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Food aid arrives at new site in eastern Chad

Food aid arrives at new site in eastern Chad

UNHCR and its partners have delivered 66 tonnes of WFP food for some 3,000 Sudanese refugees who have gathered at Am Nabak, where UNHCR plans to build a camp. Meanwhile, refugees at Iridimi camp have started moving out of makeshift shelters into proper tents.
18 June 2004
A refugee surrounded by makeshift shelters at Iridimi camp in eastern Chad. Proper tents have now been set up.

AM NABAK, June 18 (UNHCR) - Aid agencies have started sending aid to thousands of Sudanese refugees who have gathered at a site in eastern Chad where UNHCR is planning to build a camp.

On Friday, the UN refugee agency and its partners transferred 66 tonnes of food provided by the UN World Food Programme to Am Nabak in eastern Chad. Some 3,000 Sudanese refugees started arriving here in early June after travelling from the border towns of Ogona and Tine. The refugees will receive the food supplies in the coming days, and the rations of rice, beans, corn soya blend and oil are expected to last them for one month.

Non-governmental organisations working with UNHCR are working to open the camp at Am Nabak as soon as possible. CARE will oversee camp management, IMC will cover health needs, Oxfam will deal with water and sanitation, and GTZ will handle the actual construction of the camp.

UNHCR has been rushing to relocate refugees away from the insecure Chad-Sudan border before the onset of seasonal rains renders roads impassable to its trucks. So far, more than 106,000 Sudanese refugees have moved to eight camps further inland in eastern Chad.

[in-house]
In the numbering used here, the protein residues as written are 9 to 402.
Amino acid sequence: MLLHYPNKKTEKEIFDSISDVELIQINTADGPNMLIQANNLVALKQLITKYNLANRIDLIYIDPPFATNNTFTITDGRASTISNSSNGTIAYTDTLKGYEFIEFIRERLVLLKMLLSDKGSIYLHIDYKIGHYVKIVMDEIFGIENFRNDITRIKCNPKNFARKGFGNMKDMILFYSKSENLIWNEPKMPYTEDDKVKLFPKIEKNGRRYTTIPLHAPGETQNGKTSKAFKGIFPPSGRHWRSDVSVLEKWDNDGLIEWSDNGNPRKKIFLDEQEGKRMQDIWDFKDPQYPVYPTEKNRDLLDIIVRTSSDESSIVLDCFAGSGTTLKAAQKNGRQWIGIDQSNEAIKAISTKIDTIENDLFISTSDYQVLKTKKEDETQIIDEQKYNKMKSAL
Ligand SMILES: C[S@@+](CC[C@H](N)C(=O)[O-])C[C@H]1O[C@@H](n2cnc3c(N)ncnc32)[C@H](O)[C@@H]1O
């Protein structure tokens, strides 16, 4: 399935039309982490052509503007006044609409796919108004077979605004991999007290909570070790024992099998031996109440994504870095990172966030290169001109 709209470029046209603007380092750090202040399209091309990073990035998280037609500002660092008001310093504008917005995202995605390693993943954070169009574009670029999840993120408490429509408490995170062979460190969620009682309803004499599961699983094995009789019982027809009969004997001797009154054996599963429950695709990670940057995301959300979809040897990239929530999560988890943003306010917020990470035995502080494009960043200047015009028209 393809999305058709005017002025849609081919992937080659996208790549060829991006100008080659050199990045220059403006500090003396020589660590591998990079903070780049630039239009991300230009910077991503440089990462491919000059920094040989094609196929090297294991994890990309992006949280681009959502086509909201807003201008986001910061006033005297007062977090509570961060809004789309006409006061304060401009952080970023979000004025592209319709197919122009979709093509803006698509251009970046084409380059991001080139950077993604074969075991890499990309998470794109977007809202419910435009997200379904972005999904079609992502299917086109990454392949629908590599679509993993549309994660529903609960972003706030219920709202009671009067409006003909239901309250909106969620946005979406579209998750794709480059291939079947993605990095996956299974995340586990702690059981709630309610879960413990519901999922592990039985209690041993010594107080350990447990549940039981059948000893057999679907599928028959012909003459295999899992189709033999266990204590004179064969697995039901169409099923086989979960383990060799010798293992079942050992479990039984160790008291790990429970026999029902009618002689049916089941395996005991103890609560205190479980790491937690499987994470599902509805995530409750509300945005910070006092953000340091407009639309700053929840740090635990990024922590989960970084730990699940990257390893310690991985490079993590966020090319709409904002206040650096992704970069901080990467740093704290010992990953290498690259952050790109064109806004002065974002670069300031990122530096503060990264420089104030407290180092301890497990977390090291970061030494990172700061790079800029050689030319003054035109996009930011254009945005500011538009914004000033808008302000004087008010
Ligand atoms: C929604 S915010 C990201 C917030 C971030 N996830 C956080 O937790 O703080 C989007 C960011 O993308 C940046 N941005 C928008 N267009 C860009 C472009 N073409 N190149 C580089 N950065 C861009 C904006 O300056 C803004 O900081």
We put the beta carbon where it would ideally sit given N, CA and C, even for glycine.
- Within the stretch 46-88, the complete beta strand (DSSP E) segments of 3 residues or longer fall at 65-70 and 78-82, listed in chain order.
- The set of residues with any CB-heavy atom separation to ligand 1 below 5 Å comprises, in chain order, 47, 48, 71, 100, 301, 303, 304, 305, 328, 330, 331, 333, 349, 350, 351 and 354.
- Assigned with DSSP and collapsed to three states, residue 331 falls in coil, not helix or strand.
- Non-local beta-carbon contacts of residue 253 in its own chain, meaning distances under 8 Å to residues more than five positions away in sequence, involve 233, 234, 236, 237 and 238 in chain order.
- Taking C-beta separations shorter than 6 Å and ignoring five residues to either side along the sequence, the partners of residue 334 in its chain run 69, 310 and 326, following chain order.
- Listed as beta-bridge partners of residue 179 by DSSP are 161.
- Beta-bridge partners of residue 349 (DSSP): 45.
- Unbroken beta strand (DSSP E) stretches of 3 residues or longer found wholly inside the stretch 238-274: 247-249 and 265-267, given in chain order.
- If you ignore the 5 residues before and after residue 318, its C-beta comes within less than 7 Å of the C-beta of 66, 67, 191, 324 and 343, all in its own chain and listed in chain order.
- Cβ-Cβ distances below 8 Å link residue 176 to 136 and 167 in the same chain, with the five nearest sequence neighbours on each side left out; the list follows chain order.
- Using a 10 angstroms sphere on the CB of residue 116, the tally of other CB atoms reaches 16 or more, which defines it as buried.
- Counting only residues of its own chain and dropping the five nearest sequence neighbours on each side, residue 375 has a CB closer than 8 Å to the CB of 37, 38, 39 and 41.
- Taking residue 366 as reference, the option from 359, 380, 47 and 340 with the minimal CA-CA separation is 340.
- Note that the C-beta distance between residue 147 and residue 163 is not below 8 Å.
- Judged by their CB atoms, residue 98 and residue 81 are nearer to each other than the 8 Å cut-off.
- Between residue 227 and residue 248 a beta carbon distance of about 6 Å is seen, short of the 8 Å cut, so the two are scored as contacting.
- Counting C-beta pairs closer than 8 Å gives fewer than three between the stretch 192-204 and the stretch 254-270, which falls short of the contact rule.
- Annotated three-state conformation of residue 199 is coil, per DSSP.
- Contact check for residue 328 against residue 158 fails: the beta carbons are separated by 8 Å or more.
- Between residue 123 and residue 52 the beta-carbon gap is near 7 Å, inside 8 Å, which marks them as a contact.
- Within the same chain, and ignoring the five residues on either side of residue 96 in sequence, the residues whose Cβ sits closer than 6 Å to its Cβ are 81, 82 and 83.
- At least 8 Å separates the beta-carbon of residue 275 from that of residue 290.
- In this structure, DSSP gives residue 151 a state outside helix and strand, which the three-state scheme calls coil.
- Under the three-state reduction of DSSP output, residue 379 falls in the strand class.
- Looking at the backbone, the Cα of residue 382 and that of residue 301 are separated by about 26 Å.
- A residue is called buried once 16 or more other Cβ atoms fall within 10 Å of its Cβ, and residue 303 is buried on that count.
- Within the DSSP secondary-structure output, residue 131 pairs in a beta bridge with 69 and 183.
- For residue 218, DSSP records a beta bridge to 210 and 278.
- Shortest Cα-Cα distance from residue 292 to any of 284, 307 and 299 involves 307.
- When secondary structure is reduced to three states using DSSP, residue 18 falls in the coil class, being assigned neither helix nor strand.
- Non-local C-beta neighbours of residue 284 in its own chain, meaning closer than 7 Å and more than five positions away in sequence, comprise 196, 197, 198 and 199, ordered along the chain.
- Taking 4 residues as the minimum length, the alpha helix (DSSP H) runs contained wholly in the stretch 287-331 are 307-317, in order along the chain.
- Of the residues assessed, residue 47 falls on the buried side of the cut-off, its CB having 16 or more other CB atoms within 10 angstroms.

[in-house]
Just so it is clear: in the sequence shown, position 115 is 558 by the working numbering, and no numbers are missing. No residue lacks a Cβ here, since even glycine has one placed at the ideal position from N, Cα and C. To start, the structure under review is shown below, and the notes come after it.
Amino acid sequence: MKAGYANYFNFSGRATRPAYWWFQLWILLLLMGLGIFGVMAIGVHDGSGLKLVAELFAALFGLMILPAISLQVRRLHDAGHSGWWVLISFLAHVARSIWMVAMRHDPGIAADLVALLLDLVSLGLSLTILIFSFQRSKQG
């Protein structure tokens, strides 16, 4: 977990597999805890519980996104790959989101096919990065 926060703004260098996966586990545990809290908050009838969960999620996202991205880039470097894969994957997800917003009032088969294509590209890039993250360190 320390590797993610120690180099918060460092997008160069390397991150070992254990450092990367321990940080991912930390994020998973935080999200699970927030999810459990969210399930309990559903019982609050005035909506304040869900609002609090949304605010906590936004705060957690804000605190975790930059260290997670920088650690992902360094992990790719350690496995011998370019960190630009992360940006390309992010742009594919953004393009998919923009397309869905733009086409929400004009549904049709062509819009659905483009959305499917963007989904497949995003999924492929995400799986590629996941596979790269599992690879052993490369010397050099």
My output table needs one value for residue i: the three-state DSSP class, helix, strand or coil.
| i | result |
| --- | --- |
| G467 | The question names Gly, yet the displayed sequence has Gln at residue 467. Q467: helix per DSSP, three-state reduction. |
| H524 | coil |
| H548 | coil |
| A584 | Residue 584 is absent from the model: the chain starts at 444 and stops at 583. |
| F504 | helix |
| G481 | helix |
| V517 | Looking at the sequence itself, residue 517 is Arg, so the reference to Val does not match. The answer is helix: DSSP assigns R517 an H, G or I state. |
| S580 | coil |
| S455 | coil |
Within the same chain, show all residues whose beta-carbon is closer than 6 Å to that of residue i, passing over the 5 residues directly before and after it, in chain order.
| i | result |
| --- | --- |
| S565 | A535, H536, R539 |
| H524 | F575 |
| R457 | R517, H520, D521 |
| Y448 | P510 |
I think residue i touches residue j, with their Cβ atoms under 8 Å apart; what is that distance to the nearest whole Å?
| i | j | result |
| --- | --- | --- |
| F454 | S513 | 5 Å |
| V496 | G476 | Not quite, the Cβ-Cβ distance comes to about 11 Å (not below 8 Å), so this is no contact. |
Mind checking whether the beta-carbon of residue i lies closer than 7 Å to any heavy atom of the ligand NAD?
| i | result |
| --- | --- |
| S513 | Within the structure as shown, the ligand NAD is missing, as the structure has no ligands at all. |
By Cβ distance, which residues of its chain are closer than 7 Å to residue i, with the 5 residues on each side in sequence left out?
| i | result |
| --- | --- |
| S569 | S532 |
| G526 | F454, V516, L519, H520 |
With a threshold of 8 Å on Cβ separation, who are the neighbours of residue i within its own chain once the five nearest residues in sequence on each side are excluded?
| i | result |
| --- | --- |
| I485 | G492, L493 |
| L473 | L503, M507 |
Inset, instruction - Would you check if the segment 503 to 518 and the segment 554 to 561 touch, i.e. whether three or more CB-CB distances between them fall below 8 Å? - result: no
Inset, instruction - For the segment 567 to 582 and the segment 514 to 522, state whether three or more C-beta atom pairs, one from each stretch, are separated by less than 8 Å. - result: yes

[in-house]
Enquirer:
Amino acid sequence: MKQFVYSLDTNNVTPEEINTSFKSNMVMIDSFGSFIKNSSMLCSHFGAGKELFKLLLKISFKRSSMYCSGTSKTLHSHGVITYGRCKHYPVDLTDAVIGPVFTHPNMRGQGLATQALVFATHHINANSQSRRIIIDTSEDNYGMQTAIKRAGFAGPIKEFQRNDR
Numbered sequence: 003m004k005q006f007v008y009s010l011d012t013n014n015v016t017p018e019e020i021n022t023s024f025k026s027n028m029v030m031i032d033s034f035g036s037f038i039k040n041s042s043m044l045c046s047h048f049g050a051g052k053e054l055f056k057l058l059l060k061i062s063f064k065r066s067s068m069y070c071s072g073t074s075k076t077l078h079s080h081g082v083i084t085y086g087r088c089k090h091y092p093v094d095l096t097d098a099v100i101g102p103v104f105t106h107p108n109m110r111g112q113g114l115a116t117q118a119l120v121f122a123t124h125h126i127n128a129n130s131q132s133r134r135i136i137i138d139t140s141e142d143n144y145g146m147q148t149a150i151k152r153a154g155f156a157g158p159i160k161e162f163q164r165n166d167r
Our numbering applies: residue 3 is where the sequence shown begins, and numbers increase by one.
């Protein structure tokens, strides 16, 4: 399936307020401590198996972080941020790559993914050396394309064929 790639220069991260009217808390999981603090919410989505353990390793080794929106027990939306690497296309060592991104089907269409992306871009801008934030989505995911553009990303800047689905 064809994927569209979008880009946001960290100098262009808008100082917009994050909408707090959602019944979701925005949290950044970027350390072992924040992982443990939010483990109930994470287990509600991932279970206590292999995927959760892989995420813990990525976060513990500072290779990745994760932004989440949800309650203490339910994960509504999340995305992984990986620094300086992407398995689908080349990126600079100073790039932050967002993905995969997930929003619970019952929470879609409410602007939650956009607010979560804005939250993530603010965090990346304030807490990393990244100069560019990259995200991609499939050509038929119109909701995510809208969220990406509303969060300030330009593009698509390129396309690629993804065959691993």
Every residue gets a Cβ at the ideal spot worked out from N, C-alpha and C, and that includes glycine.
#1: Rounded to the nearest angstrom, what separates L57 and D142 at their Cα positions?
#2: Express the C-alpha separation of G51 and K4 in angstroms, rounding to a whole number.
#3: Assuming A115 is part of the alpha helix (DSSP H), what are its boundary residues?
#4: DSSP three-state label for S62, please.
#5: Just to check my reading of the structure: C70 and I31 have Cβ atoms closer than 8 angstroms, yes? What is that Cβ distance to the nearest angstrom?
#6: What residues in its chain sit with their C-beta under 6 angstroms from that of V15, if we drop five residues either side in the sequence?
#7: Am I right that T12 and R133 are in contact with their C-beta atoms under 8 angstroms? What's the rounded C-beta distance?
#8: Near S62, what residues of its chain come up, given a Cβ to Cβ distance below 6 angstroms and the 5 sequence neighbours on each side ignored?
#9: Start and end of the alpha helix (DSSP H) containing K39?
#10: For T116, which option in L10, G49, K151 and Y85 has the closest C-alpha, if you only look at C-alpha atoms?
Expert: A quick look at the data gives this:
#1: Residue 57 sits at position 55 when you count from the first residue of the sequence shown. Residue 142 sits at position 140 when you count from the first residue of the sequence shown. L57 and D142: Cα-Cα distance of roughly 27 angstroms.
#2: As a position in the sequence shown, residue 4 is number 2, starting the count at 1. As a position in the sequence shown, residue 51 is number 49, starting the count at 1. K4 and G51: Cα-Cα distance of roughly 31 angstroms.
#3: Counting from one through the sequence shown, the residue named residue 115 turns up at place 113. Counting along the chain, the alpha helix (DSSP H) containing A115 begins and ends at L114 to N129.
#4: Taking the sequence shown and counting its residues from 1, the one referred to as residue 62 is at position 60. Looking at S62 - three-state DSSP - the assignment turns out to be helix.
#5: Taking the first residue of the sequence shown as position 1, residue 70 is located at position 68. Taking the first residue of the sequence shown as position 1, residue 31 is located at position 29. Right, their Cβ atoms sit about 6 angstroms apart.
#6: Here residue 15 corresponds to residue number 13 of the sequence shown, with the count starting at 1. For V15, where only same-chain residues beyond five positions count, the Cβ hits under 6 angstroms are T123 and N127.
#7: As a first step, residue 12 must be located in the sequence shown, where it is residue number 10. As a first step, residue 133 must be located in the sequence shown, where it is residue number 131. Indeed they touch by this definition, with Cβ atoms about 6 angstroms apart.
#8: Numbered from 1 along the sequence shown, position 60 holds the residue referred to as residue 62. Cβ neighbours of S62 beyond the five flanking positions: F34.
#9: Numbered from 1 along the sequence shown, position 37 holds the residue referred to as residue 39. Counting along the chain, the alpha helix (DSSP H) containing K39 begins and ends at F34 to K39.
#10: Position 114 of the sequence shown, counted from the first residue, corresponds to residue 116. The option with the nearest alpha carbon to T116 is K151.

"Our priority has been to move the refugees as quickly as possible away from the border for security reasons, and so temporary accommodations were made on some of the sites until the camps could be made fully ready," said UNHCR spokesman Kris Janowski at a news briefing in Geneva Friday.

At Iridimi camp, refugees this week began moving into tents from the transit centre part of the camp, where they had been living in makeshift shelters built from UNHCR plastic sheeting and branches. UNHCR's partner, the Norwegian Church Aid, has so far erected 300 five-person tents and the work is continuing.

Janowski also noted that UNHCR completed on Tuesday the airlift of emergency relief supplies from Tanzania to Chad. In all, 40 flights from Tanzania, Pakistan, Denmark, Germany and Gibraltar have brought in more than 1,700 tonnes of aid so far this year